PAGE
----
Here are the stops (many of which are overnights) on his flight there, which originated in Miami on August 21: Puerto Rico - Trinidad - Belem - Recife - Ascension Island - Accra - Lagos - Kano [overnight at Maiduguri] - Khartoum - Cairo - Basra - Karachi - New Delhi - train to Allahabad military base - Assam - (over the Hump to) Kunming, arriving September 20. Most of this was on the late and lamented airline, Pan Am, which flew twin-engined prop planes, DC-3s: no cabin pressure, no AC, no heat. Welcome aboard!
He only stayed in Kunming for about five days, though long enough for him to be depressed and angry about how both the Chinese and US governments were failing to provide resources to the wartime university, Lianda, set up there from fleeing faculties driven out when Japanese troops took over Peking and Tientsin.
On September 25 he flew on to Chungking, the wartime capital, where he stayed until December of 1943 and where he joined a number of the other masters whose books I try to honor here. Fairbank’s stay in Chungking is notable for his observations about the people there, but he was, despite working for the OSS, not a spy -- really an information gatherer, one who succeeded in getting information flowing both ways, including to those professors in Kunming who wanted to keep current academically.
Fairbank’s memoir, Chinabound, is certainly a masterpiece of sorts, and he wrote a number of other books in the masterpiece class. But I focus on him here because just one of these was my first introduction to the history of China in the 19th and 20th century. I still remember finding it in a bookstore in Hong Kong and the great enjoyment I had in finding out a lot about the place to which I returned regularly. For more on Fairbank himself, there is an interesting short account in Jonathan Spence’s Chinese Roundabout (1992), which also includes a brief review of the following book.
The December 1st Movement, the commemoration of the 60th Anniversary of which I attended, is featured in The Great Chinese Revolution 1800-1985 by John King Fairbank (1987), a book which still today makes a wonderful and absorbing introduction to modern Chinese history. Any country lucky enough to have a survey this good done of its history over this period is a lucky country indeed.
Aside from virtues like insight, comprehensiveness, useful concepts, clarity, and a vastly interesting story, the book is deliciously funny. Items: ~ River dikes "were mended by engineers so competent that they could use comparatively vast imperial allocations of funds to build dikes that would look good enough but last only a few years.” ~ "The Son of Heaven, even when stupid, like that late Ming emperor who spent his time in carpentry." ~ Missionaries and warlords were not always at loggerheads: one American missionary wife "found the bullets of a warlord besieging the city were hitting the mission residence. She wrote both generals, inside and outside the walls, and they stopped shooting to let the American family squeeze through the city’s north gate for a vacation in the hills." ~ "In the days of John Foster Dulles’ Presbyterian crusade against ‘monolithic atheistic communism "" ~ Mao as a swimmer: "Photos showing his head on top of the water suggested Mao did not use a crawl, sidestroke, backstroke, or breaststroke, but swam instead in his own fashion, standing upright in (not on) the water." ~ The Cultural Revolution: "For intellectuals to clean latrines was not simply a matter of a mop and detergent in a tiled lavatory, even a smelly public one. On the contrary, the cities of a rapidly developing China have both modern and early modern plumbing, but their outskirts as well as the vast countryside have retained the old gravity system. The custom, so admired by ecologists, was to collect the daily accumulation, almost as regular as the action of the tides, for mixture with other organic matter and to develop it through composting to fertilize the fields."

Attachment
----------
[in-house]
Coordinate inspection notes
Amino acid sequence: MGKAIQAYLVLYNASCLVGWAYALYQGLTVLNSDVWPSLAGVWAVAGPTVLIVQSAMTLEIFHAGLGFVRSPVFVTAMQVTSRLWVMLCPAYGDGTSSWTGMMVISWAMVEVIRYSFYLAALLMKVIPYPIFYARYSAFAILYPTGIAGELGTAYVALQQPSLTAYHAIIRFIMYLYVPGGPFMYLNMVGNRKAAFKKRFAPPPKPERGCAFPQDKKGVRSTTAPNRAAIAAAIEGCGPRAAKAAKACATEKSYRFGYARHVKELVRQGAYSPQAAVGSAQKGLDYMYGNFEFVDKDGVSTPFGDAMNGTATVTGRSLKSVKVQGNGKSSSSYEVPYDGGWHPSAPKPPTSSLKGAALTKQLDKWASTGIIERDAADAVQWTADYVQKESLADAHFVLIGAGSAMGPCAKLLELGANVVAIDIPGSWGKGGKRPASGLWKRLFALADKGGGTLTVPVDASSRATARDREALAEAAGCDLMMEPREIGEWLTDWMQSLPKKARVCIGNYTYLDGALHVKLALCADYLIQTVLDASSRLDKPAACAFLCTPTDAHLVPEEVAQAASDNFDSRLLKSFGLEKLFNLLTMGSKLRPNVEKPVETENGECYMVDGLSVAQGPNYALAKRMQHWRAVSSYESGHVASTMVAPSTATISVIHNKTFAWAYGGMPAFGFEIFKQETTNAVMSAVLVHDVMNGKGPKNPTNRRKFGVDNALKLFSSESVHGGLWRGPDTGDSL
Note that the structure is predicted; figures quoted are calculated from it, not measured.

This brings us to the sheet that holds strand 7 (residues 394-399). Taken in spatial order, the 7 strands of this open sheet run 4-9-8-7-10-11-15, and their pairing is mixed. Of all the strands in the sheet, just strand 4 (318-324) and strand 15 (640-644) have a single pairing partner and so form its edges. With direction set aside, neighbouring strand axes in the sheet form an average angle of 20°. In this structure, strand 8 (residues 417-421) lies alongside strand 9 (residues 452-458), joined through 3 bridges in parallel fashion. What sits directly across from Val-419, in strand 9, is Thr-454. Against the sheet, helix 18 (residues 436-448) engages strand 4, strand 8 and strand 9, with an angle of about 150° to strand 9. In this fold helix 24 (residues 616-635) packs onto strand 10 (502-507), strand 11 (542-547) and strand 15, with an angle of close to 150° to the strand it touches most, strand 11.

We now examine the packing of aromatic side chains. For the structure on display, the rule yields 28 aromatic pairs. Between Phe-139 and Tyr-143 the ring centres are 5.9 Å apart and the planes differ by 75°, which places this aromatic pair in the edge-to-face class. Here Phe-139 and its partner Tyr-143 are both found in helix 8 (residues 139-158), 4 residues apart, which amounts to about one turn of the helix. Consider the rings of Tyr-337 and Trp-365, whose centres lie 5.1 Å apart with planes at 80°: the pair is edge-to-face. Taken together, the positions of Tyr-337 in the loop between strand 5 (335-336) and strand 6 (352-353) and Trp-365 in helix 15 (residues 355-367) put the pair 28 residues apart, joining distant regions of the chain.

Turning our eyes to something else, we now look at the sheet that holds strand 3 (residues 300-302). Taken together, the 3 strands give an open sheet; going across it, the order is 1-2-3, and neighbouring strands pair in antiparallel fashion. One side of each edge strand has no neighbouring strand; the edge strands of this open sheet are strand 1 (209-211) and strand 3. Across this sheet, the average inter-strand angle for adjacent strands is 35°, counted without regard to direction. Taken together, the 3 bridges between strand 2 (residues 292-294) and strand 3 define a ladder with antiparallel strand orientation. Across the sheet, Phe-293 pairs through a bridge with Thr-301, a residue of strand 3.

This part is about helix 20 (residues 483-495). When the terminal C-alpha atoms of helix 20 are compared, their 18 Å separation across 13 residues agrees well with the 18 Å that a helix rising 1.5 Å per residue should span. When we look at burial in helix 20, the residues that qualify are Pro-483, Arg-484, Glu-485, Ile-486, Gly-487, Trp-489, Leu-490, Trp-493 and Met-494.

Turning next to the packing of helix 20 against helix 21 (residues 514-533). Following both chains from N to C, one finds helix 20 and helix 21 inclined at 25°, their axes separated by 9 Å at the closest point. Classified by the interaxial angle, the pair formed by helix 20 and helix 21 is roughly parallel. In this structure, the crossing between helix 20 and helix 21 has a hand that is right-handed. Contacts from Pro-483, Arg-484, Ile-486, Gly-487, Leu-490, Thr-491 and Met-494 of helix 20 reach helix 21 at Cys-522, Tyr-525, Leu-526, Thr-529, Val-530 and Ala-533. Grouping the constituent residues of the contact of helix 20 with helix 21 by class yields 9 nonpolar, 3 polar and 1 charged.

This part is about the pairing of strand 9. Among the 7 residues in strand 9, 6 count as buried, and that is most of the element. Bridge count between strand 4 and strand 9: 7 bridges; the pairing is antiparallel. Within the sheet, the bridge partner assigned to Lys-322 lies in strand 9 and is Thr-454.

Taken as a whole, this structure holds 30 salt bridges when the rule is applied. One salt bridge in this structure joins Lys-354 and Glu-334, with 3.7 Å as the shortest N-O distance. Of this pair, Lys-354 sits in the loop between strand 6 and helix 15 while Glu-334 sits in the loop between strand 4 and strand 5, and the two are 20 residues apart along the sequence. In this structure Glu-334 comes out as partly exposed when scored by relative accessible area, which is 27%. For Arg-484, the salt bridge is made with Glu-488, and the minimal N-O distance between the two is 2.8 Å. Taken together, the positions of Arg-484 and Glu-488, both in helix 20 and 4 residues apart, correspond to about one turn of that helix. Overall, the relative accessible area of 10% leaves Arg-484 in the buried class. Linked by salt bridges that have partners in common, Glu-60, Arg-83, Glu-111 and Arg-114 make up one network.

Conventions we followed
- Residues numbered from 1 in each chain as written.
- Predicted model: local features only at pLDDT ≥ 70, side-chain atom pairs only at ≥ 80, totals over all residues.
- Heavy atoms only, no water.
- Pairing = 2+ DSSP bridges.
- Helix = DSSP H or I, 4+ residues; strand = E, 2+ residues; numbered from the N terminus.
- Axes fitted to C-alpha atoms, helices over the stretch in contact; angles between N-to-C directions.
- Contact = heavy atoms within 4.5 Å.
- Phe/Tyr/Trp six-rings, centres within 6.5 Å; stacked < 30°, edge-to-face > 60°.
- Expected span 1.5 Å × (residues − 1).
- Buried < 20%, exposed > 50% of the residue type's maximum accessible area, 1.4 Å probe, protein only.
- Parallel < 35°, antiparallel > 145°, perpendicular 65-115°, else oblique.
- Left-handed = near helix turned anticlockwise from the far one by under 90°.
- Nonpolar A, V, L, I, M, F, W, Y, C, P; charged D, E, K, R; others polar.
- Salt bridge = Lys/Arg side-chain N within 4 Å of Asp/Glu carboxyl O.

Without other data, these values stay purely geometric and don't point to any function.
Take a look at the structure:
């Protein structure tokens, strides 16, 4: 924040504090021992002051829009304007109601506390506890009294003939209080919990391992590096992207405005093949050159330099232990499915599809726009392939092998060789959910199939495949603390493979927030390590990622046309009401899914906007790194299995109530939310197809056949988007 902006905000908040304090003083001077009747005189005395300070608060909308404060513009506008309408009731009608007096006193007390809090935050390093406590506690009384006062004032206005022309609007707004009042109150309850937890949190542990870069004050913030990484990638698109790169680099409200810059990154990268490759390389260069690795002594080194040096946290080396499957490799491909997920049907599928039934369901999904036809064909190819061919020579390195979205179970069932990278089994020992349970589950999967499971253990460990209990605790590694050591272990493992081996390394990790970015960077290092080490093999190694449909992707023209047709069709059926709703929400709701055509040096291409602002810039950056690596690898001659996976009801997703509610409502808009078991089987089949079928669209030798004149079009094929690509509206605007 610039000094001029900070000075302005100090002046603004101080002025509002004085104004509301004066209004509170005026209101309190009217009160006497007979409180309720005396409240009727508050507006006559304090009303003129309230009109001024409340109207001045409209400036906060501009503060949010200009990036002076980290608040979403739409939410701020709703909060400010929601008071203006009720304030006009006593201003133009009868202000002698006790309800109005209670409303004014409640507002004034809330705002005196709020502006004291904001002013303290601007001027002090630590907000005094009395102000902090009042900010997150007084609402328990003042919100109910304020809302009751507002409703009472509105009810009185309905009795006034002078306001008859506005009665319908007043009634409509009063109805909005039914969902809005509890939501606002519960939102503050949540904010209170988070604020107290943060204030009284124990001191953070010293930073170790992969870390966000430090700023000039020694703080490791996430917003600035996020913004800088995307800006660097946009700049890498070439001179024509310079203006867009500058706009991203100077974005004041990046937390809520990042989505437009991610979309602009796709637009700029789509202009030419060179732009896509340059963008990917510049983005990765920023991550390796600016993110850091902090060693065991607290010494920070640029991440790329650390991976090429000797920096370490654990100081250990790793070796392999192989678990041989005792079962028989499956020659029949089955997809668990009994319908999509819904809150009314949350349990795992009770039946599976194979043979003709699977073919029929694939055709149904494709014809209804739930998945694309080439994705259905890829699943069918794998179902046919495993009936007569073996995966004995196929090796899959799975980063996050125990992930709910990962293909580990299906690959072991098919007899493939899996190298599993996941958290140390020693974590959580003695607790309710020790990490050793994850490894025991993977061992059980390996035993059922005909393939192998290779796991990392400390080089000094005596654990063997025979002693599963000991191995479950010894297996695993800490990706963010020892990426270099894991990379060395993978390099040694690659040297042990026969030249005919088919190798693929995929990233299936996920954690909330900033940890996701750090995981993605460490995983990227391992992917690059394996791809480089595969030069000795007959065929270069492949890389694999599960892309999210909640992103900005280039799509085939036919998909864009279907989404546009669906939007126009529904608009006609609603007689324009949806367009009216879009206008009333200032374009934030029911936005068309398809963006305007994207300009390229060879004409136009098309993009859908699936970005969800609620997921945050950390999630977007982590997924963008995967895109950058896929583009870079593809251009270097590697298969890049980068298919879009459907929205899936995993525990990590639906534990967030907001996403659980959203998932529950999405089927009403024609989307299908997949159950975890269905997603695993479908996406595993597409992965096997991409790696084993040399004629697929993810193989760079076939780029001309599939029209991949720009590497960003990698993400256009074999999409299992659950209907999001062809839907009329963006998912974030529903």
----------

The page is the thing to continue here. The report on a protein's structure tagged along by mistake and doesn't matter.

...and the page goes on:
The book is also full of fascinating facts, far too numerous to recount in detail. But some of the riper pears can be plucked from the tree for tasting. For example, there is the juicy figure of Sun Yat-sen, often named the founder of modern China. Sun early on had ideas about how China's government should be reformed, and in 1894 he took one of his long, "rather run-of-the-mill" proposals to Li Hung-chang [Li Hongzhang], China’s first great modernizer, sometimes called the “Bismarck of the East.” But Li was too busy even to see Sun. Sun “turned to revolution.” He organized a secret society and created a front organization, the Agricultural Study Society which used a Christian bookstore. He plotted to have Triad Society (Chinese mafia) fighters put their guns in casks labeled “Portland cement” and then ferry themselves across to Canton from Hong Kong, where they would seize government offices and kill the officials. But the authorities were tipped off and put the ferried fighters (who arrived a day late) in jail. Sun escaped to Japan. He went to London in 1896, where he was tailed, kidnapped, and imprisoned in the Chinese legation at 49 Portland Place for twelve days. The embassy wanted to ship him back to China as a lunatic, but he somehow managed to get a message out to his former Hong Kong medical professor, who alerted Scotland Yard, The Times, and the Foreign Office. This combination of police, press, and diplomacy got him released. All this made Sun famous, and he wrote a popular book, now available online, Kidnapped in London, which begins: